So detestable was the practice of child sacrifice in Israel that Jeremiah prophesied that the Valley of Hinnom would become “the valley of Slaughter” (Jeremiah 7:32), because there the Lord would judge and punish those who engaged in child sacrifice.
In Hebrew, the expression “valley of Hinnom” is gê’ hinnōm, an expression that appears in the New Testament as “Gehenna,” the place where the wicked would suffer punishment and be destroyed. Jesus said: “Do not be afraid of those who kill the body but cannot kill the soul; rather, be afraid of the one who can destroy both soul and body in Gehenna” (Matthew 10:28 NAB).
In one of Jeremiah’s oracles, the Lord condemned the practice of child sacrifice: “And they go on building the high place of Topheth, which is in the valley of the son of Hinnom, to burn their sons and their daughters in the fire– which I did not command, nor did it come into my mind” (Jeremiah 7:31).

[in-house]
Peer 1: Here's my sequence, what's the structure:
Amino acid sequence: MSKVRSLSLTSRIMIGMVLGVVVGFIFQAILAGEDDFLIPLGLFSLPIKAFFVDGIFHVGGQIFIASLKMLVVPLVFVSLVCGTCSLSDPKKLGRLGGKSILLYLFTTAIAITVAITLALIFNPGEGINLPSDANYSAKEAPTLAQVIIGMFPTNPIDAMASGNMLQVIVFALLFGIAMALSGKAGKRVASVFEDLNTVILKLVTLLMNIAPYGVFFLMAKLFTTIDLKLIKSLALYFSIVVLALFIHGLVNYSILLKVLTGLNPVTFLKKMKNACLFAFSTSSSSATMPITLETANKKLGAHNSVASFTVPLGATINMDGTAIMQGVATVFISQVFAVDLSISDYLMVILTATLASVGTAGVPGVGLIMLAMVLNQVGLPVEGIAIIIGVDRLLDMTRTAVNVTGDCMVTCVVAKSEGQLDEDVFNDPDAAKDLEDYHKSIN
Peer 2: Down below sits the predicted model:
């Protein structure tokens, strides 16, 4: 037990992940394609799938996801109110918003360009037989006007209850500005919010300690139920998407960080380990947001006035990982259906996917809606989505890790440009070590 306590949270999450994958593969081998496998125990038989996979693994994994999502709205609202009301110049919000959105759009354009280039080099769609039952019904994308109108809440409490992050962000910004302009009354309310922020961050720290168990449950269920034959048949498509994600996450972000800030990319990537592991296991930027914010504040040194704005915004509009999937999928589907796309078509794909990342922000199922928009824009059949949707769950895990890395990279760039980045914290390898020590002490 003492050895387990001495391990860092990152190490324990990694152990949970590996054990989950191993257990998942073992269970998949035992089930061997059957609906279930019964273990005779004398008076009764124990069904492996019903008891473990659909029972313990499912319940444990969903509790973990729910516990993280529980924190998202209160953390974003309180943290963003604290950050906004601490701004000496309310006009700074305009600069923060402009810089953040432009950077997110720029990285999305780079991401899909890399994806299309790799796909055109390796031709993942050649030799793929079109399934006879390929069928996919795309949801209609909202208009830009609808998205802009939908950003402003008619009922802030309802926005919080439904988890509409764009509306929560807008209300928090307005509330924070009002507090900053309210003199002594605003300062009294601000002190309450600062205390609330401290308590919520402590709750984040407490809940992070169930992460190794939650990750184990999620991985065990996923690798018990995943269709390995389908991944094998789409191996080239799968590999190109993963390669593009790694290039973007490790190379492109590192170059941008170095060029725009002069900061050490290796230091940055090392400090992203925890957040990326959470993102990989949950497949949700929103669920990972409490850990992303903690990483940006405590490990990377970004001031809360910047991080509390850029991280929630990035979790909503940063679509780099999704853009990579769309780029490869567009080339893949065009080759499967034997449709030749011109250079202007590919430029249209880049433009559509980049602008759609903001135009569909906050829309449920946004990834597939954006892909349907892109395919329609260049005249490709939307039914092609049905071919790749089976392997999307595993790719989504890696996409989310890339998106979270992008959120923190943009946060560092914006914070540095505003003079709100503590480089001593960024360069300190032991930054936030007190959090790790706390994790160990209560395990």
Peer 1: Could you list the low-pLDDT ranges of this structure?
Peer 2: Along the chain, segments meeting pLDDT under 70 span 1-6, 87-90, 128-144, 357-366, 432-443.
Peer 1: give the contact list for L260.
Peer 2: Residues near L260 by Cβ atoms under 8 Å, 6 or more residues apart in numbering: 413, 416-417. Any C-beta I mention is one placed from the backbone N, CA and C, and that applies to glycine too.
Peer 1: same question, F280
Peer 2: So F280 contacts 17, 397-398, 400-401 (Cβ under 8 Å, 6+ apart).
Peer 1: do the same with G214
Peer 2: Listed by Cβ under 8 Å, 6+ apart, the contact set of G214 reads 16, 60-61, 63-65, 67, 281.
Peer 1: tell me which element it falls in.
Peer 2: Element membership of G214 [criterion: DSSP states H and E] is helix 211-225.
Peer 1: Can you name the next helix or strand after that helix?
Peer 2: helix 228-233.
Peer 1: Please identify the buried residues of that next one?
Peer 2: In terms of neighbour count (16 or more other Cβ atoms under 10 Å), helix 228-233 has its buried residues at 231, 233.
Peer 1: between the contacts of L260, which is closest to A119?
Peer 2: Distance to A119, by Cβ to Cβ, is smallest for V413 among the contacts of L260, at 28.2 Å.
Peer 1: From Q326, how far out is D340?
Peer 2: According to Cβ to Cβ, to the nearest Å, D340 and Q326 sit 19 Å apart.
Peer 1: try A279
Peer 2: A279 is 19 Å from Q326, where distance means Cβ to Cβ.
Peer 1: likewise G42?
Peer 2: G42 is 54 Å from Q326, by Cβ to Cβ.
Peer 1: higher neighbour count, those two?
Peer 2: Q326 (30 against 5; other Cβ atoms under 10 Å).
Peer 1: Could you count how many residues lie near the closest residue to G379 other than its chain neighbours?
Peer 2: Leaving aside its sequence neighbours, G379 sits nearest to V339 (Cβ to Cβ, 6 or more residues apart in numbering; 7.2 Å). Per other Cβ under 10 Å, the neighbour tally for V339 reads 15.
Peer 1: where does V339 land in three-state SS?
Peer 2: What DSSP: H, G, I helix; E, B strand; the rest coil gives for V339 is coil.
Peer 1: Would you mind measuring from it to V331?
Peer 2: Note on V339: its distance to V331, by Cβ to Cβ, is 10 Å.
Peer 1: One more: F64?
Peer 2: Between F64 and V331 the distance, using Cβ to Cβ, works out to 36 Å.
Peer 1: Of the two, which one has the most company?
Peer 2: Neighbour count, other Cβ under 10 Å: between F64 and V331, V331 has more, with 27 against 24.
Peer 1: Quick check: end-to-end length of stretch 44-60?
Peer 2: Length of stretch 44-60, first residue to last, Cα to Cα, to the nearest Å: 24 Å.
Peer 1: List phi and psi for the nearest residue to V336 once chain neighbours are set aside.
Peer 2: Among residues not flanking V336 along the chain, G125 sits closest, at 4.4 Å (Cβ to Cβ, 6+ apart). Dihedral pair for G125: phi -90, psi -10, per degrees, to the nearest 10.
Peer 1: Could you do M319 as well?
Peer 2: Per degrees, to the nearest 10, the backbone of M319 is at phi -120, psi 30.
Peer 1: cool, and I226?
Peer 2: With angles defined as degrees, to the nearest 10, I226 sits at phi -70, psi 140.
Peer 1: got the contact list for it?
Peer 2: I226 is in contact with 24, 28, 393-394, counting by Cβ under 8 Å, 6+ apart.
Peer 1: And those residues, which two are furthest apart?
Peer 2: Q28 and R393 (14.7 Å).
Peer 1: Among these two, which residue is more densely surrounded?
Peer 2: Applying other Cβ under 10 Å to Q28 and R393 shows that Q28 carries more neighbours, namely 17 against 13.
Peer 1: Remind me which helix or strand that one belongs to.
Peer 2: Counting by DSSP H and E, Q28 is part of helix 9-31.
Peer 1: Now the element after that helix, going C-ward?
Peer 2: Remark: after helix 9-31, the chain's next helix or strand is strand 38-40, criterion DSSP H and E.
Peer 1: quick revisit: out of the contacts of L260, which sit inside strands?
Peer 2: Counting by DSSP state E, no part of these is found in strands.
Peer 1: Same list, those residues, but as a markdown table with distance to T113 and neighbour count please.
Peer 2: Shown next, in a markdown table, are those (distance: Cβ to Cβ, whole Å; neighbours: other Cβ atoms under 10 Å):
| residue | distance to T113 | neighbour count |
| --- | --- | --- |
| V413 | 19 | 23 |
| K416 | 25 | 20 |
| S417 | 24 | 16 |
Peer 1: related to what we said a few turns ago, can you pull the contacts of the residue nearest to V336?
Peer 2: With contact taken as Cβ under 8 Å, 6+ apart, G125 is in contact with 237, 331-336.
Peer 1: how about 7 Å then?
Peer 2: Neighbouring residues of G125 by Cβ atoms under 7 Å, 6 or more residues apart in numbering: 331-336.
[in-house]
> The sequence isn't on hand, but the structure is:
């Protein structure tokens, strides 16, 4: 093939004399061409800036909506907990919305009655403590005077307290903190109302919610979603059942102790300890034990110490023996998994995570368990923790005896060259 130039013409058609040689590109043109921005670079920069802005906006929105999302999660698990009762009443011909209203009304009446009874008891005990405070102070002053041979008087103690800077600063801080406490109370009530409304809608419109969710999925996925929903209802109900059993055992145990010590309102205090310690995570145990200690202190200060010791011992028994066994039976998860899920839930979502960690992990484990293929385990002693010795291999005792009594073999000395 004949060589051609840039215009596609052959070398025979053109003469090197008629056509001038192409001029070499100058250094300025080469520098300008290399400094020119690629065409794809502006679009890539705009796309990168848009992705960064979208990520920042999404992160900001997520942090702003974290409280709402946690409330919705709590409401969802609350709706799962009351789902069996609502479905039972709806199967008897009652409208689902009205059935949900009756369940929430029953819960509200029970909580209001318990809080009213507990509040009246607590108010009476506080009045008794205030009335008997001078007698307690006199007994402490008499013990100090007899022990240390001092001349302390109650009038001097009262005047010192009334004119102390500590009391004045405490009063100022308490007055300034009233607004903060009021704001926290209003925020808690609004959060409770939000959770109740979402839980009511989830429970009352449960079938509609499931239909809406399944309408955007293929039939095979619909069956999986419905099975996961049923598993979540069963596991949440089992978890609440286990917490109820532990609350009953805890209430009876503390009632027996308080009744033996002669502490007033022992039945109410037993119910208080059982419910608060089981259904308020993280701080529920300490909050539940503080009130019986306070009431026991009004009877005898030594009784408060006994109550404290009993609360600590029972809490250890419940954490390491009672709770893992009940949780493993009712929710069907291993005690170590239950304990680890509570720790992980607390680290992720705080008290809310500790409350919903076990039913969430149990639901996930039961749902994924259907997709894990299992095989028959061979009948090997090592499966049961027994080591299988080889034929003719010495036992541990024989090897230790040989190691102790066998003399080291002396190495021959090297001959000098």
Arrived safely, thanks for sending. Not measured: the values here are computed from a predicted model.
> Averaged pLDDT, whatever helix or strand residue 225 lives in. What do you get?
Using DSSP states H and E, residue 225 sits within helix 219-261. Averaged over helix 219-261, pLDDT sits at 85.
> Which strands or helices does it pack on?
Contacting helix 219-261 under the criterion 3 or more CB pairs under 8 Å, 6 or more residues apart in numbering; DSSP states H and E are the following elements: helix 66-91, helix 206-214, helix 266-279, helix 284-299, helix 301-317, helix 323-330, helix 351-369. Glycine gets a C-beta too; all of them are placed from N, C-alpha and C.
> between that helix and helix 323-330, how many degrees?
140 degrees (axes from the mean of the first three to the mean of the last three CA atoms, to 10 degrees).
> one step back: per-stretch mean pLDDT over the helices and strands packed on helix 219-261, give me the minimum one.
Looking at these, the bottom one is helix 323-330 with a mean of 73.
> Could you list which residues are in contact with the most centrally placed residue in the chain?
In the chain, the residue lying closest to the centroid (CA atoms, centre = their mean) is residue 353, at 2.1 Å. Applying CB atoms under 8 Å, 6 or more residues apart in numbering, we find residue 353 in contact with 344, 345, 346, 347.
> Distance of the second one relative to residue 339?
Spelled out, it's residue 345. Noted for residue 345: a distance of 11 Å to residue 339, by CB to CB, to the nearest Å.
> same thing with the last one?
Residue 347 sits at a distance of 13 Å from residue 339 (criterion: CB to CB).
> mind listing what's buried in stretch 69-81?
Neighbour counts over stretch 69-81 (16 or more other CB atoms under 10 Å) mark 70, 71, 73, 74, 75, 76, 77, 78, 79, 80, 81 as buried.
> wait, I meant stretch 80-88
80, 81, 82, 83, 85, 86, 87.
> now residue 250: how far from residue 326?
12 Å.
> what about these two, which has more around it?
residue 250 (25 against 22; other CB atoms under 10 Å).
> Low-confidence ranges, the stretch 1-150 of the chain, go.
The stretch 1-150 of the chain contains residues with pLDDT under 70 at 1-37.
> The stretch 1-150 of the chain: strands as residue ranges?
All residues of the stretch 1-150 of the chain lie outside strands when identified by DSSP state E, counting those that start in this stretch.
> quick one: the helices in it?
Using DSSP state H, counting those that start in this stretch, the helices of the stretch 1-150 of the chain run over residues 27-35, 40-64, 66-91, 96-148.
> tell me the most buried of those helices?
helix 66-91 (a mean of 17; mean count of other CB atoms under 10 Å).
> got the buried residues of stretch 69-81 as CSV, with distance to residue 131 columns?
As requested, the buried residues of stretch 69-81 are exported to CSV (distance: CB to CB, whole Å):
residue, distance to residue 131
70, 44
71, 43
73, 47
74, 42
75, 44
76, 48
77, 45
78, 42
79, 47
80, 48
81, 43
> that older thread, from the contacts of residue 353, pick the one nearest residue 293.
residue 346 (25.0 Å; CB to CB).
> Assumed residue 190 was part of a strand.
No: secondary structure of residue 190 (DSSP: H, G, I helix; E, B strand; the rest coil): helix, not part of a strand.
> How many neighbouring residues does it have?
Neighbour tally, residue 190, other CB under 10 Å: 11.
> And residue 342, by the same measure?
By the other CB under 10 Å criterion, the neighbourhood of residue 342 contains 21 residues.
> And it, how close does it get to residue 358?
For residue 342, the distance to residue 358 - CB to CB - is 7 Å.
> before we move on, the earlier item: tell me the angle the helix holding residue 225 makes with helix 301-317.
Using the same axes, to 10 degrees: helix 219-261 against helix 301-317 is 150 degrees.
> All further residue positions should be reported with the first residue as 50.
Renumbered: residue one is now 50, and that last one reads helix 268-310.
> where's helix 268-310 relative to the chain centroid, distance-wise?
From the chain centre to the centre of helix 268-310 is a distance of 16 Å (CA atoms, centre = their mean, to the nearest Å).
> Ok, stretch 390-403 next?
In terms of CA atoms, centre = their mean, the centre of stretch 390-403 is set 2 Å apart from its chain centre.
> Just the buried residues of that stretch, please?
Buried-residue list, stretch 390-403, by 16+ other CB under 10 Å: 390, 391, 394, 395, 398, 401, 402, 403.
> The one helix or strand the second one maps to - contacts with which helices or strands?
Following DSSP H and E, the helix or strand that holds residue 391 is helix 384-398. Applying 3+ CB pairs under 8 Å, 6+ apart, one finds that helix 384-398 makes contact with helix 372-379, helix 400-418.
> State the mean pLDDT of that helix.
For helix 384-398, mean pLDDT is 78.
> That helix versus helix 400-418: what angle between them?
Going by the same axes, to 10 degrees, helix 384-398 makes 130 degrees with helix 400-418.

Thus, when speaking of child sacrifice in the Bible, one must remember what God said about child sacrifice: “That is something I never commanded them to do! Indeed, it never even entered my mind to command such a thing” (Jeremiah 7:31 NET).
NOTE: For other studies on syncretism in the Old Testament, read my post, Syncretism in the Old Testament.
In a comment to my post, Peter Bekins called to my attention that the Mesha Stele does not make any reference to child sacrifice (see his comment below). The reference to Mesha’s sacrificing his son appears only in the narratives found in the book of Kings. I have made a correction to my post in order to reflect this fact about the Mesha Stele.
Emeritus Professor of Old Testament
Northern Baptist Seminary